Rugby rape trial medical evidence disputed
A doctor has questioned medical evidence given at the rape trial of two Ulster and Ireland rugby players.
Dr Janet Hall took issue with the injuries recorded by another doctor who had examined the alleged rape victim.
Dr Hall was called to give evidence by Paddy Jackson's defence barrister on Day 18 of the trial. She is the first defence witness in the case.
Mr Jackson and fellow rugby player Stuart Olding both deny raping the same woman on 28 June 2016.
At the trial on Tuesday, the court heard that a doctor who examined the woman the day after the alleged attack found a 1cm-long injury and bruising to her vagina.
On Wednesday, a different doctor, Dr Hall, give an assessment based on the medical notes and a video recording of the woman's vagina.
Dr Hall said: "From my perspective, I didn't see the injury."
In terms of bruising, she said she saw "purple discolouration" but it may have been as a result of the lighting in the room.
She did not see the alleged victim in person and accepted that seeing with the "naked eye" is most important.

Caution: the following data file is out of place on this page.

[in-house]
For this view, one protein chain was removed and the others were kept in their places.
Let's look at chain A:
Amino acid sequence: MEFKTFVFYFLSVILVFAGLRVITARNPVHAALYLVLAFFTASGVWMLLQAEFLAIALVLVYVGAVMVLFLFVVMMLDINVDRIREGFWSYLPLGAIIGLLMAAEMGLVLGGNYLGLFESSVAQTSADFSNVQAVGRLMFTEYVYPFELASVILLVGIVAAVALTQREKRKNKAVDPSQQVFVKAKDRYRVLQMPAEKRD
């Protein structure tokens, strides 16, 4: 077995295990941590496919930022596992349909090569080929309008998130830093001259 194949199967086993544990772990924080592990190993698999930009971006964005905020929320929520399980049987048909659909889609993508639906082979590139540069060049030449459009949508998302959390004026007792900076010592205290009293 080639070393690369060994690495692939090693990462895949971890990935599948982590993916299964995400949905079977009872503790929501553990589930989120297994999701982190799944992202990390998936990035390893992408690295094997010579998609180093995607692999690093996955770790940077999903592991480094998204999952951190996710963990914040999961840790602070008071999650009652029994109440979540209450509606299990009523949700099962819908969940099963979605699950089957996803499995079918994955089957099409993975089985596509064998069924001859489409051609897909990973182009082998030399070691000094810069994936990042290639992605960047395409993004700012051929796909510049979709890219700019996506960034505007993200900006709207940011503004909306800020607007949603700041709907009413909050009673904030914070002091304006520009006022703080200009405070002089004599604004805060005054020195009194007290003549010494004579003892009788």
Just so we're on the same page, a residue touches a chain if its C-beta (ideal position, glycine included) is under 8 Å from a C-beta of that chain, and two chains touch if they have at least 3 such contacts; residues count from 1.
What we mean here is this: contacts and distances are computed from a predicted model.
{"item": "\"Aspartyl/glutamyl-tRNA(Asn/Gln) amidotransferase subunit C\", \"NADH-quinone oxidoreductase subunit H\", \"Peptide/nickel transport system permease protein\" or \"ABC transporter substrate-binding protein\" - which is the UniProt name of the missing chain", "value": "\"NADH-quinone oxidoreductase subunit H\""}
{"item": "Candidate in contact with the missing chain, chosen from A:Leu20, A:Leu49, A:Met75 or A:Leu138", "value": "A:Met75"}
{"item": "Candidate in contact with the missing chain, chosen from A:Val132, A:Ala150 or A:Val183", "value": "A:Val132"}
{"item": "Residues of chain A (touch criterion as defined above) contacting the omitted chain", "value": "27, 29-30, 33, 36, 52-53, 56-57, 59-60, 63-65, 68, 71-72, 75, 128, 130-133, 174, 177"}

The court was told that Dr Hall has extensive experience in dealing with sexual assaults, and the injuries victims suffer.
She was asked by a prosecution barrister whether most victims of sexual assault resist or allow it to happen.
Dr Hall replied: "The evidence overwhelmingly is that it's allowed to happen."
The court was later told by a senior forensic officer that Stuart Olding's DNA was found on the woman's clothing.
Mr Olding, 24, from Ardenlee Street, Belfast, is charged with rape. He denies the charge.
Mr Jackson, 26, from Belfast's Oakleigh Park, is charged with one count of rape and one count of sexual assault. He denies the charges.
Two other men have also been charged in connection with the case.
Blane McIlroy, 26, of Royal Lodge Road, Belfast, is charged with one count of exposure. He denies the charge.
Rory Harrison, 25, of Manse Road, Belfast is charged with perverting the course of justice and withholding information. He denies the charges.
The 12-person jury has been told to expect to hear tape-recordings and transcripts of police interviews with the four defendants on Thursday.
Judge Patricia Smyth told the jury that the interviews stretch to "many, many hours" but extracts will be heard in court.
The judge also reiterated her warning to jurors not to discuss the case with anyone.
"It is your view that counts in this case," she said.
"Please do not discuss evidence with anyone. And, as I have said before, be on your guard."